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John Woodward (naturalist)

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John Woodward

John Woodward (1 May 1665 – 25 April 1728) was an English naturalist, antiquarian and geologist, and founder by bequest of the Woodwardian Professorship of Geology at the University of Cambridge. Though a leading supporter of observation and experiment in what we now call science, few of his theories have survived.


Woodward was born on 1 May 1665 or perhaps 1668, in a village, possibly Wirksworth, in Derbyshire. His family may have been from Gloucestershire; his mother's maiden surname was Burdett.[1] At the age of 16 he went to London to be apprenticed to a linen draper, but he later studied medicine with Dr Peter Barwick, physician to Charles II. As a leading physician who had never been to university, Woodward was a prominent figure on the "modern" side in the Quarrel of the Ancients and the Moderns in early 18th-century England, on the medical and other fronts.[2]

Monument to Woodward in Westminster Abbey
Naturalis historia telluris illustrata et aucta, 1714

In 1692 Woodward was appointed Gresham Professor of Physic and in 1693 elected a fellow of the Royal Society. In 1695 he was made an M.D. by Archbishop Tenison and by Cambridge University.[3] In 1702 he became a fellow of the Royal College of Physicians.

Woodward died on 25 April 1728 and was buried in the nave of Westminster Abbey.[4] In 1732 a memorial to Woodward by the sculptor Peter Scheemakers was erected in the Abbey.[5][6]


In 1699, John Woodward published his water-culture (hydroponic) experiments with spearmint. He found that plants in less pure water sources grew better than plants in distilled water.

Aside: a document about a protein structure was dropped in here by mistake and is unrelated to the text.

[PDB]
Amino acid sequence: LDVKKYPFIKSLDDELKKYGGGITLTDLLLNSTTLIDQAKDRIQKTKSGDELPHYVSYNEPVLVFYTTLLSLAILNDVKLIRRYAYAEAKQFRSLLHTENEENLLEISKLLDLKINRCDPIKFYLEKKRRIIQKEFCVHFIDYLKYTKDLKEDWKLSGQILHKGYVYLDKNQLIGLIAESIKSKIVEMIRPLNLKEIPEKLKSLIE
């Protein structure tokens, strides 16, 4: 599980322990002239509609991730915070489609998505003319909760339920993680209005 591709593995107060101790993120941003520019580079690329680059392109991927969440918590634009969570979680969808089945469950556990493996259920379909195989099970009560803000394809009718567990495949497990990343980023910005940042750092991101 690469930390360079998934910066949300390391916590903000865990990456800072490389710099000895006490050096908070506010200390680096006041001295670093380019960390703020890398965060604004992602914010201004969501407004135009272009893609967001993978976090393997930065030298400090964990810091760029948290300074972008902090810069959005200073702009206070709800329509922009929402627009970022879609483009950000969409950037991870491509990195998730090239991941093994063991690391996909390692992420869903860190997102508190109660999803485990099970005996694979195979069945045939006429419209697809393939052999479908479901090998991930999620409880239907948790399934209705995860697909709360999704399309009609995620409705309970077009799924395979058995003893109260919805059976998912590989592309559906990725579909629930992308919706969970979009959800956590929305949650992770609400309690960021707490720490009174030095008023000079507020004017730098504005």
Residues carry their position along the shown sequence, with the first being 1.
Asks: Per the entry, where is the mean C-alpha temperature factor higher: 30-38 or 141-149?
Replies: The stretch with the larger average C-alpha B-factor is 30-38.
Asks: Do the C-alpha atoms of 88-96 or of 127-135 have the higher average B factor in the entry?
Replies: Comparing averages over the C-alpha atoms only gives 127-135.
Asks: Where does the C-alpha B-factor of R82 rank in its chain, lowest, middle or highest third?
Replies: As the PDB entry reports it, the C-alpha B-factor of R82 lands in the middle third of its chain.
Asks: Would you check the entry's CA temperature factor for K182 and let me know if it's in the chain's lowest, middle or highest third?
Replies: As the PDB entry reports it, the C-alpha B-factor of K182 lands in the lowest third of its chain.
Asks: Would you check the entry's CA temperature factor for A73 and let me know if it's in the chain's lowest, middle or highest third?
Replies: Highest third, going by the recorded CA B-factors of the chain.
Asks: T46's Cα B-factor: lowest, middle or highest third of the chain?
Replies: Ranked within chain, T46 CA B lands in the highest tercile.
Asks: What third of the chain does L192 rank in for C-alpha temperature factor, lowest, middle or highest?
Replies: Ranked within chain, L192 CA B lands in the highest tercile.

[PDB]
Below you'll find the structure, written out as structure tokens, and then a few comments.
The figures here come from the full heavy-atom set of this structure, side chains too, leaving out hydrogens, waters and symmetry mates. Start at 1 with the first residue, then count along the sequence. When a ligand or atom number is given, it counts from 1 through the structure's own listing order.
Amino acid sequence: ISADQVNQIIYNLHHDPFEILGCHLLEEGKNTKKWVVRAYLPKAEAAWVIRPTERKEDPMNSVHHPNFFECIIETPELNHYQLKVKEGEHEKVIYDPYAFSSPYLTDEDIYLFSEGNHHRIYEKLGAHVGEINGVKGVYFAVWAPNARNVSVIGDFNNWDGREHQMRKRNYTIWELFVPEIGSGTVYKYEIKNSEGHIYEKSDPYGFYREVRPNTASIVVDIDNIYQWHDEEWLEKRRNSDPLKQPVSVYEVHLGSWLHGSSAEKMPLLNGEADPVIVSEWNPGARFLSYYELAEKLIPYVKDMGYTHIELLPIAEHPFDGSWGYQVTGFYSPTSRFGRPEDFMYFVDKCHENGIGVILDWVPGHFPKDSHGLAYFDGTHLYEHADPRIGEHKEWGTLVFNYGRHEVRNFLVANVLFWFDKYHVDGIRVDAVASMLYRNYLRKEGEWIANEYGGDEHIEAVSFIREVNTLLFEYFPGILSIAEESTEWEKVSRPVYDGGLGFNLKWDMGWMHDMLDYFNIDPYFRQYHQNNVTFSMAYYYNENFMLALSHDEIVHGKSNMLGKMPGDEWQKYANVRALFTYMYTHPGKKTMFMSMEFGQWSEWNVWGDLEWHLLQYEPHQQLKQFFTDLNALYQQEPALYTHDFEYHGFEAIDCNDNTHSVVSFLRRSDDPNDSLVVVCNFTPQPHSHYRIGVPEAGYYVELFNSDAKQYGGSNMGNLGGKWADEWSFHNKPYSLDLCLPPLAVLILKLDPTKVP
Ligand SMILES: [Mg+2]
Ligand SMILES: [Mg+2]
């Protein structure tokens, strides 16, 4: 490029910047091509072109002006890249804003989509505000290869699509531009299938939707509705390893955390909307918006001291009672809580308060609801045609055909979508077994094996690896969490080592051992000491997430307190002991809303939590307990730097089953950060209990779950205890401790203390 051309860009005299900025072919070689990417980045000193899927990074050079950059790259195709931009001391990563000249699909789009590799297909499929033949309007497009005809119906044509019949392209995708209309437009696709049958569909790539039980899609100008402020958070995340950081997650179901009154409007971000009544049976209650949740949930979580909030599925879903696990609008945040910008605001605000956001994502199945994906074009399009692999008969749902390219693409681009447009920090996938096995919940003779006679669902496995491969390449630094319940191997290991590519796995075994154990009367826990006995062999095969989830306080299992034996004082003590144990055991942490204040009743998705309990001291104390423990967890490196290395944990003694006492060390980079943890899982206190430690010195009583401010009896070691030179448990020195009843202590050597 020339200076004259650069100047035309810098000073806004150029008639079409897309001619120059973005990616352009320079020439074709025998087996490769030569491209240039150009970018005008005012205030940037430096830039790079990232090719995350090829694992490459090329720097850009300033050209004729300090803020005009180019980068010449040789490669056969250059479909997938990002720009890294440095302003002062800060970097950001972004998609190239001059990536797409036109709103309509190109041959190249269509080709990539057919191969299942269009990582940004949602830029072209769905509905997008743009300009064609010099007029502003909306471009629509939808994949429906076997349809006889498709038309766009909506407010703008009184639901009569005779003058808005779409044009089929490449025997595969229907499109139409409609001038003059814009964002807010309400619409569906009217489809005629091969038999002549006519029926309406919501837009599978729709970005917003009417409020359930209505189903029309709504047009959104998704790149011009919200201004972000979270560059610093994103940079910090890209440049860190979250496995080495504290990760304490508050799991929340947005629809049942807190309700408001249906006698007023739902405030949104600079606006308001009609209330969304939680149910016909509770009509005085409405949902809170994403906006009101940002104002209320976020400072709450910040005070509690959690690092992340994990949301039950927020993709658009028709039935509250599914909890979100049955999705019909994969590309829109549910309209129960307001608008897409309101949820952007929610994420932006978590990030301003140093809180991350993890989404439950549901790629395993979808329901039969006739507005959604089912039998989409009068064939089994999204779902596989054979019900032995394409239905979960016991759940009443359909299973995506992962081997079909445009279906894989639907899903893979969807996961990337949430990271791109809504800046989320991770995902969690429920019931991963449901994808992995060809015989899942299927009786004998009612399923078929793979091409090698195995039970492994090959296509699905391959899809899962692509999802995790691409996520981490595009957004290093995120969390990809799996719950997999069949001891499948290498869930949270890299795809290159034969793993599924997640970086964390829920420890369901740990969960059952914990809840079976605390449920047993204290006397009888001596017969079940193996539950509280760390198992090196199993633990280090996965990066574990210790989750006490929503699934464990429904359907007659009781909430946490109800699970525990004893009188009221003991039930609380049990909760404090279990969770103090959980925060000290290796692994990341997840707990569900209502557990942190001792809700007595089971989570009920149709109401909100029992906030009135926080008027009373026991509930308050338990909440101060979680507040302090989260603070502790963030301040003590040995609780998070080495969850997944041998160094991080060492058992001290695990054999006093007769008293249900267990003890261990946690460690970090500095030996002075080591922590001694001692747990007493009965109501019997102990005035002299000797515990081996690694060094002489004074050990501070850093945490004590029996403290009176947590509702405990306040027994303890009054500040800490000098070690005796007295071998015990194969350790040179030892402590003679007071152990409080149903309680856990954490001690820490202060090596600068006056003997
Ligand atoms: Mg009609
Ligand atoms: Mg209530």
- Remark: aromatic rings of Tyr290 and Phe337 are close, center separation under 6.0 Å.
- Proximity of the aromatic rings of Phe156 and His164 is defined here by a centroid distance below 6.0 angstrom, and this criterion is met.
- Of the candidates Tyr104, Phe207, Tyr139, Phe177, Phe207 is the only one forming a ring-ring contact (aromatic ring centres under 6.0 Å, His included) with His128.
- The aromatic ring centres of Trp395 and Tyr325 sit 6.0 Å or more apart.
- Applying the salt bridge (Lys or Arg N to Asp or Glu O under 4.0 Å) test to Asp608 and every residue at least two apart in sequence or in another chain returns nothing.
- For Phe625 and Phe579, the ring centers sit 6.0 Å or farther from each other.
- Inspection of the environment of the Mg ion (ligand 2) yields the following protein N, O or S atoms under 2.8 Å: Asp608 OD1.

While still a student, he became interested in botany and natural history, and his attention during visits to Gloucestershire was drawn to the fossils found there. He began to form the great collection, for which he is known. He published An Essay toward a Natural History of the Earth and Terrestrial Bodies, especially Minerals, &c. in 1695 (2nd ed. 1702, 3rd ed. 1723), followed by Brief Instructions for making Observations in all Parts of the World (1696). He later wrote An Attempt towards a Natural History of the Fossils of England (2 vols., 1728 and 1729). In these works he showed that the stony surface of the earth was divided into strata, and that the enclosed fossils were originally generated at sea; but his views on the method of rock formation remained unsupported. They were satirized by John Arbuthnot, who ridiculed what he saw as Woodward's classicist method and personal venality. Nonetheless, Woodward accurately described his rocks, minerals and fossils in his elaborate Catalogue.[7]

Woodward's The State of Physick and of Diseases... Particularly of the Smallpox (1718) arose from a long-running dispute over smallpox with John Freind. Both accused the other of killing their patients (in the modern view a judgement few doctors of that period can escape). Woodward claimed that his experimental evidence showed that smallpox arose from an excess of "bilious salts", whereas Freind saw the causes of the disease as unknowable.[8]